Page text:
Pittsburgh Steelers: Shortly after Kevin Colbert stated that he wanted wide receiver Mike Wallace to retire as a Steeler, Pittsburgh managed to restructure Ben Roethlisberger's contract. Making Ben more expensive in the future might not help in the future, but it means right now the Steelers can keep Mike Wallace. The No. 1 wideout in Pittsburgh's gotten flak as the heat's cranked up on the possibility of him leaving, but the fact remains that he's the team's best wideout. Antonio Brown is a stud -- the only guy who we know that loves Brown more than we do is fantasy expert Dave Richard -- and he'll keep improving. But Brown doesn't become team MVP without Wallace keeping top cornerbacks away from his side of the field.

LaRon Landry: Holy muscles, Batman. Did he hijack Ryan Braun's FedEx package or something? We kid, we kid. (But no, seriously: we're joking.) On the first day of young football playing fellas flexing their muscles for the public, Landry stole the show with his ripped Twitter pics.

Losers

Jonathan Martin: Forgive us for not loving everyone out of Stanford, or for not giving Martin credit for having confidence. But the athletic offensive tackle won't be participating in most of the drills at the combine, because of food poisoning. (We asked him what he ate, and he didn't remember, but said it was in Arizona. Fear not, consumers of spicy shrimp cocktails.) Martin also repeatedly said he's the best tackle available in the draft, and said "without a doubt" he's better than Matt Kalil. Competition is fun, and confidence is good, but we're not sure why he's talking a big game if he's not participating in the drills.

Mark Sanchez: As Clark Judge noted, "Sanchez should be worried." That's because Rex Ryan came out and made no bold guarantees (a staple of the combine for Ryan) regarding the job security of his starting quarterback. It's OK for Rex to downplay the interest the Jets could have in Peyton Manning; Manning's not a free agent yet, and there are roughly 25 NFL teams that will at least discuss what Manning could do to their franchise. But the lack of guarantees for Sanchez during a tumultuous offseason should be concerning for the Jets current starting quarterback.

Kevin Kolb: Like Sanchez, Kolb didn't exactly get ringing endorsements from the guys who cut his checks. Ken Whisenhunt and Rod Graves didn't explicitly say they'd think about dumping Kolb (due a roster bonus on March 17) if Manning became available, but they sure didn't slam the door on the idea. 

Tight Ends: This is the new position that's redefining the NFL, right? Well, um, here's the problem (as also noted by CBSSports.com's own Pete Prisco): where were these guys during their big combine day? Rob Gronkowski was the story during the Super Bowl, and for a week after. Jimmy Graham shattered records. Vernon Davis was the guy who made Alex Smith great. And Orson Charles, the third-rated tight end by NFLDraftScout.com, said he's happy to sit and learn behind someone like Tony Gonzalez?Love the attitude. Love it, and Gonzo's the man. But if you're a coming into college and someone tries to steer you away from playing tight end in college, don't listen to them. Or listen to them and stop playing basketball?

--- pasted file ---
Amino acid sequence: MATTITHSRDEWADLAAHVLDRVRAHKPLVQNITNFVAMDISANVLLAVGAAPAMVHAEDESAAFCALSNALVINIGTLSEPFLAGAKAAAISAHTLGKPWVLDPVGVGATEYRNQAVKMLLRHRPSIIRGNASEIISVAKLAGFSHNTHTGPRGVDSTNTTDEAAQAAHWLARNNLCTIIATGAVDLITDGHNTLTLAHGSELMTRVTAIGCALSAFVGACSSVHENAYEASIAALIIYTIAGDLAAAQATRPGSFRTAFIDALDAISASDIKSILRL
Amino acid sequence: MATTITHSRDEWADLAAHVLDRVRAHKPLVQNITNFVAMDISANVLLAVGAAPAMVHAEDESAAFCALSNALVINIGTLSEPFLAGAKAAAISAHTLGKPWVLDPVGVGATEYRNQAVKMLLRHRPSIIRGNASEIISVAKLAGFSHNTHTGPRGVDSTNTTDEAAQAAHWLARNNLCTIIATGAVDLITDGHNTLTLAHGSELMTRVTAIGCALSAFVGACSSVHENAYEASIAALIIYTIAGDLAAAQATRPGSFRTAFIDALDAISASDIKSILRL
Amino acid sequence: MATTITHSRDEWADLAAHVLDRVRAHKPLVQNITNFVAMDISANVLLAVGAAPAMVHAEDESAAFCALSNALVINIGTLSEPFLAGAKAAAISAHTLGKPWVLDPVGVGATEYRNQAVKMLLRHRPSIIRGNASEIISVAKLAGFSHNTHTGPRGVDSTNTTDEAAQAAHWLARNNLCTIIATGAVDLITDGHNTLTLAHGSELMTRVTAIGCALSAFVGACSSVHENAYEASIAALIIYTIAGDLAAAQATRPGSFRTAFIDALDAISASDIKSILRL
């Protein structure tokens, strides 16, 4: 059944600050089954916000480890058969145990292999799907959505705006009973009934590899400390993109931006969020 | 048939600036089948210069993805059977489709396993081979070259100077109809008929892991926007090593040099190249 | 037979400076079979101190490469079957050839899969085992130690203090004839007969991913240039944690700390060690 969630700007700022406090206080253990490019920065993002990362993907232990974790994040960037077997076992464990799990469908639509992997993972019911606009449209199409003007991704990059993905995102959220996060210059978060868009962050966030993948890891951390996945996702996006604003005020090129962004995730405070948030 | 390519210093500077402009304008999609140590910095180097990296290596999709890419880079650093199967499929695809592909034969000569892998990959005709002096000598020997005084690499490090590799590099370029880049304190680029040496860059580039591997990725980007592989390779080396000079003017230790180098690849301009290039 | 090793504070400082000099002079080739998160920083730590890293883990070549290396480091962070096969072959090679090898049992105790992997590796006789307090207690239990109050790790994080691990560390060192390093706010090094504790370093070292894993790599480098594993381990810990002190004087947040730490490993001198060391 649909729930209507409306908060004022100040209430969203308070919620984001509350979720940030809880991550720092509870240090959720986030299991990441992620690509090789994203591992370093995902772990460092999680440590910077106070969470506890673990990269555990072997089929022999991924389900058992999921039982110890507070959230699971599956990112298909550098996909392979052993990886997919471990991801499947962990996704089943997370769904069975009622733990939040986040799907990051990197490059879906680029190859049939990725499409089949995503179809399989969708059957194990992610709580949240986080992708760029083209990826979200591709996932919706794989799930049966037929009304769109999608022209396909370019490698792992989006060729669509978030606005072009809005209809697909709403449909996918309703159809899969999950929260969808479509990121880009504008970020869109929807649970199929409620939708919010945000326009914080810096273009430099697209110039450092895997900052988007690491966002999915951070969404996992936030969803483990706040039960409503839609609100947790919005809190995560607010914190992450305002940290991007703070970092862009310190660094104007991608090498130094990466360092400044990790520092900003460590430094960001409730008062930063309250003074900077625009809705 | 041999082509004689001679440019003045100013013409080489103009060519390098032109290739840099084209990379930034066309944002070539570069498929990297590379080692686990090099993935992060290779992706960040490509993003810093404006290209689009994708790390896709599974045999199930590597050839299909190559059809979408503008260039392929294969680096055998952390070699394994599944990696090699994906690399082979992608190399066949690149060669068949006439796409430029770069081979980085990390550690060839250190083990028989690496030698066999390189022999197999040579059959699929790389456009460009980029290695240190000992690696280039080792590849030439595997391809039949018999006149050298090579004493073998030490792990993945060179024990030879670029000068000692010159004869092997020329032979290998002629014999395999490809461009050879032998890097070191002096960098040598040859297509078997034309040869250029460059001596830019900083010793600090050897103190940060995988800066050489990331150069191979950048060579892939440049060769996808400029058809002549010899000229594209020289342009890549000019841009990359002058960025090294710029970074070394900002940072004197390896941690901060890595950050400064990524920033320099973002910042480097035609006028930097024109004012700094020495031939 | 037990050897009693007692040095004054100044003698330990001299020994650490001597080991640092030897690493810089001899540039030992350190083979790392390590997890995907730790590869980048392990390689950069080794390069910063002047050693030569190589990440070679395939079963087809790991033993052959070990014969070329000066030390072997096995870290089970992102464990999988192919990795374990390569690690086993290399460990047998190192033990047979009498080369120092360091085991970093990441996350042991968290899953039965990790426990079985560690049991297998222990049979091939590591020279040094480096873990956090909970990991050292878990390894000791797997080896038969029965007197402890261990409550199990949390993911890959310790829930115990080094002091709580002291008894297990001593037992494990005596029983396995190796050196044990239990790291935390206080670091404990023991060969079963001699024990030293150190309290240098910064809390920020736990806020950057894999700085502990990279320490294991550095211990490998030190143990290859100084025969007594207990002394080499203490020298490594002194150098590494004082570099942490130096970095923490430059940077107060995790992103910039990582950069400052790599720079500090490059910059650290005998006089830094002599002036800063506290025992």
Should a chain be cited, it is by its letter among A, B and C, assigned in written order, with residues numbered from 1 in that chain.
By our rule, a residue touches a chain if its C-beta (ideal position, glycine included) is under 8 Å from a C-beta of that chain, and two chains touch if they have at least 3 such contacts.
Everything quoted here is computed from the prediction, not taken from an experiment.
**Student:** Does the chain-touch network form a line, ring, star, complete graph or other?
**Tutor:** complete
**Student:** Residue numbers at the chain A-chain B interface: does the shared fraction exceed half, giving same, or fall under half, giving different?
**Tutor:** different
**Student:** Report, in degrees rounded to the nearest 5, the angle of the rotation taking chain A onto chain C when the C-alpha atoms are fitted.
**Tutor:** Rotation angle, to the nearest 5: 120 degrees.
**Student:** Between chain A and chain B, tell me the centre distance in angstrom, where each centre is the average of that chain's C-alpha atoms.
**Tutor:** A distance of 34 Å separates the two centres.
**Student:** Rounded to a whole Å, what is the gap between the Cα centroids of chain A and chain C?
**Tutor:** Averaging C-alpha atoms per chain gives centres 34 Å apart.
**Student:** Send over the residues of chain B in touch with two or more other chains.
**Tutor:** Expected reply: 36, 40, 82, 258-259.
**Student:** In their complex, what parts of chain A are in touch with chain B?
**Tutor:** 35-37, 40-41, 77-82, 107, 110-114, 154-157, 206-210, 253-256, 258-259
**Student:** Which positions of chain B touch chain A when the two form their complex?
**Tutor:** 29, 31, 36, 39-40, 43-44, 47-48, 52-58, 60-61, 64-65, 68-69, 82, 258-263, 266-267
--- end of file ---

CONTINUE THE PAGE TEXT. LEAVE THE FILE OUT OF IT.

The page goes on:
Stevie Johnson: We've thought he'd get the franchise tag from Buffalo at minimum. But in listening to Bills head coach Chan Gailey, that's just not happening. Or it might; but Gailey's description of Johnson was quintessential "we're sorry to lose Stevie." He said he wouldn't miss Stevie until Stevie was gone and then cited the "business" of the game. Those aren't the words of a coach who's pumped to be celebrating a new contract for his franchise wideout.

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Posted on: February 23, 2012 7:54 pm
 

Harbaugh on Luck: 'He's got all the qualities'

Breaking news: Jim Harbaugh loves Andrew Luck. (Getty Images)
By Will Brinson

INDIANAPOLIS -- There's a weird bit of symmetry going on in Indy for 49ers coach Jim Harbaugh. He spent Wednesday night sitting on the bench with his brother-in-law, Indiana Hoosiers coach Tom Crean, and several of Harbaugh's former players at Stanford are prominent prospects for the 2012 NFL Draft.

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Perhaps you've heard of one of them: Andrew Luck. Luck is, according to what one scout told Mike Freeman, "almost the perfect prospect." While Harbaugh wasn't quite as effusive with his praise of Luck, he's clearly enamored with the former Stanford quarterback.

"You ever play spades?" Harbaugh asked a confused-looking crowd of reporters. "It's a trump game? He's holding a lot of aces in a lot of suits."

Harbaugh, in case you're wondering, is having fun this week. He continued to have fun with the media, bantering back and forth with a group of reporters "looking for bullet points" about his former pupil.

"He's got all the qualities, really, mentally, physically," Harbaugh said. "He's really good? How about that one? He's got a lot of talent."

Hooray for platitudes! But, no, seriously, Jim. People are putting a lot of pressure on Luck, who's been deemed the best thing since Peyton Manning supplanted sliced bread (and Harbaugh himself, actually) as the greatest thing on the planet. Is it fair?

"Fair or unfair, it's the nature of the business," Harbaugh said. "And he's very equipped to deal with. He's very mature."